AMMAN — The government is currently finalising its review of an electricity price rise which, according to energy officials, will lead up to 32 per cent increases in citizens’ monthly bills.

According to the Electricity Regulatory Commission (ERC), the government is in the final stages of its review of a proposed electricity tariff, submitted by the Ministry of Energy last week, which calls for cross-sector raises ranging between 8 to 40 per cent. 

“We have finalised what we believe is a fair and just electricity tariff, and now it is up to the Cabinet to put it into force,” ERC Chief  Commissioner Ahmad Hiyasat told The Jordan Times on Thursday. 

The gradual price raise is based on customers’ monthly consumption, a pricing structure first introduced in a tariff unveiled by the government in January, which it later withdrew following a popular backlash. 

The proposed tariff exempts households that consume less than 600 kilowatts per hour monthly from any price rise, a bracket the government claims covers some 88 per cent of citizens. 

According to Hiyasat, households that consume over 1,000 kilowatts per hour monthly and heavy industries will carry the bulk of the price rise, pegged at 32 per cent and 40 per cent respectively. 

The commercial sector will also carry part of the burden, according to Hiyasat, with the largest consumers to witness a price hike ranging from 25 to 40 per cent. 

Despite the government’s ability to amend the proposed tariff, energy officials privately expect the government to endorse the tariff “as is” next week, with the price rises to come into effect in June. 

The proposed price hike comes amid ongoing disruptions in the Kingdom’s Egyptian gas supplies, which have forced the country’s power stations onto costlier heavy oil and diesel reserves, a switch officials claim cost the country some JD1.7 billion annually.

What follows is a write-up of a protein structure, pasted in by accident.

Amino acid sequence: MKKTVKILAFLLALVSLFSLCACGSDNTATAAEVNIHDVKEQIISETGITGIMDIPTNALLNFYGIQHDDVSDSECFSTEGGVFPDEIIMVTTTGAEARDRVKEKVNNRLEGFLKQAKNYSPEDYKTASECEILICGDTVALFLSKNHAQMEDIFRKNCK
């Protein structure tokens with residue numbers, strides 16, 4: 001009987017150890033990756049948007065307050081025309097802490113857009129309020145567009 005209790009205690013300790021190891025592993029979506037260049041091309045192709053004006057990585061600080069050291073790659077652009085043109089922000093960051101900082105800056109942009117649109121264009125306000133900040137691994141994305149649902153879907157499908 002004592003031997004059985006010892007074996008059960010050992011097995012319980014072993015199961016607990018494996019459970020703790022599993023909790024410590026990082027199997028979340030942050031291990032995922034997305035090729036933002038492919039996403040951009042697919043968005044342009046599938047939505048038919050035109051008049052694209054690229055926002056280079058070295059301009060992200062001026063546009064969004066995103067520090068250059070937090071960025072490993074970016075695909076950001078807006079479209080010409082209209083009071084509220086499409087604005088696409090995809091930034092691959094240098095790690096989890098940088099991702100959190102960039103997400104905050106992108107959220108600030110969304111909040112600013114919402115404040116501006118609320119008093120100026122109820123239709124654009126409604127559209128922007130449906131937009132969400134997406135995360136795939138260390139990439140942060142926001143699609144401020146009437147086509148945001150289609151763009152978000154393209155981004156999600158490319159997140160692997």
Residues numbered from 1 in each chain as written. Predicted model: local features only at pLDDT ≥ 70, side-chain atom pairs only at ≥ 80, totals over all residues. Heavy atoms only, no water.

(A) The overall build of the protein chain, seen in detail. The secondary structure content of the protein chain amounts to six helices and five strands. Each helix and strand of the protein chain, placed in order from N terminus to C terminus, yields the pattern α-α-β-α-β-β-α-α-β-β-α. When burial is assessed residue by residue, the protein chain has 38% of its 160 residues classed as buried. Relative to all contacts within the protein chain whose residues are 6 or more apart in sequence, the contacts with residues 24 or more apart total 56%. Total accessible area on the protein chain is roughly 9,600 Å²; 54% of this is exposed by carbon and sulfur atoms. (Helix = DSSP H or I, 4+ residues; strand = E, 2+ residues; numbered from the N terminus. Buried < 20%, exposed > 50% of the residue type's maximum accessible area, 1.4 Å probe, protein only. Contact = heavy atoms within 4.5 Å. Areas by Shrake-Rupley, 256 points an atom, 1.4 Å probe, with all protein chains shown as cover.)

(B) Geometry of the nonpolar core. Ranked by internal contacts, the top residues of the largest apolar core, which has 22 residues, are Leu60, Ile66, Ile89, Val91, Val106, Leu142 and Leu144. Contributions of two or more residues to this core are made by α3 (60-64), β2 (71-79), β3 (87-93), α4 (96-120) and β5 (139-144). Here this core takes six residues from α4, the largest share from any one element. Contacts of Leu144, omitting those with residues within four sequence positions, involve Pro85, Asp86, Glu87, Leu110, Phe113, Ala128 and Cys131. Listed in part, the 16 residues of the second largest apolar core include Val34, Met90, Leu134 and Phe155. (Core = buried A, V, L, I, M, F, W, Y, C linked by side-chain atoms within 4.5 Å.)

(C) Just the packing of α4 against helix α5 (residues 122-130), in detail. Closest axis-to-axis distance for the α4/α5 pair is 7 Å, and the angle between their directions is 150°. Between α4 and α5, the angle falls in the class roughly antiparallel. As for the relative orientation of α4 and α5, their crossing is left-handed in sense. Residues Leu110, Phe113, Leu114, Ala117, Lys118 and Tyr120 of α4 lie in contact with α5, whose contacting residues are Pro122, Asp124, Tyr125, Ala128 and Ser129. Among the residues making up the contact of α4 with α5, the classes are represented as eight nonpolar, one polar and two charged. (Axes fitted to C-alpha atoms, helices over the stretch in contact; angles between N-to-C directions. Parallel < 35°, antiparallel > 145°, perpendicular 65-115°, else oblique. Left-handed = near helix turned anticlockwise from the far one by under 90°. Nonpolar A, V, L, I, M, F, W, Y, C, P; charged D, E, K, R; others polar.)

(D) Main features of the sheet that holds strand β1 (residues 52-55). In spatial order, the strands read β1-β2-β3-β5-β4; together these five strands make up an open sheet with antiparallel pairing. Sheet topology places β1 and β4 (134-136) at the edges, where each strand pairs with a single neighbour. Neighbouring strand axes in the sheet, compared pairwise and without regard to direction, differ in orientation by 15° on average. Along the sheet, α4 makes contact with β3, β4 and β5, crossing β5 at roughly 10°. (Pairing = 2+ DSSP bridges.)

According to the ERC, the new tariff will lead to a 10 per cent reduction in the National Electric Power Company’s (NEPCO) burgeoning budget deficit, expected to reach JD1.5 billion by the end of the year.

According to energy officials, rising international oil prices have pushed NEPCO’s electricity generation costs to some 184 fils per kilowatt-hour (kWh), more than twice the 73 fils/kWh rate at which it sells power to consumers.

Meanwhile, Egypt has increased Jordan’s gas supplies to 100 million cubic feet (mcf) per day as part of an ongoing “testing phase” following a two-month absence of the Kingdom’s main energy source. 

“Although gas supplies are increasing, it is nowhere near enough to cover Jordan’s electricity generation needs,” said a Ministry of Energy official, who was not authorised to talk to the press. 

Egyptian gas supplies have averaged some 80mcf over the past year, well short of the 220mcf outlined in a 12-year agreement between Cairo and Amman. 

The Arab Gas Pipeline has been the target of 14 separate acts of sabotage over the last 14 months.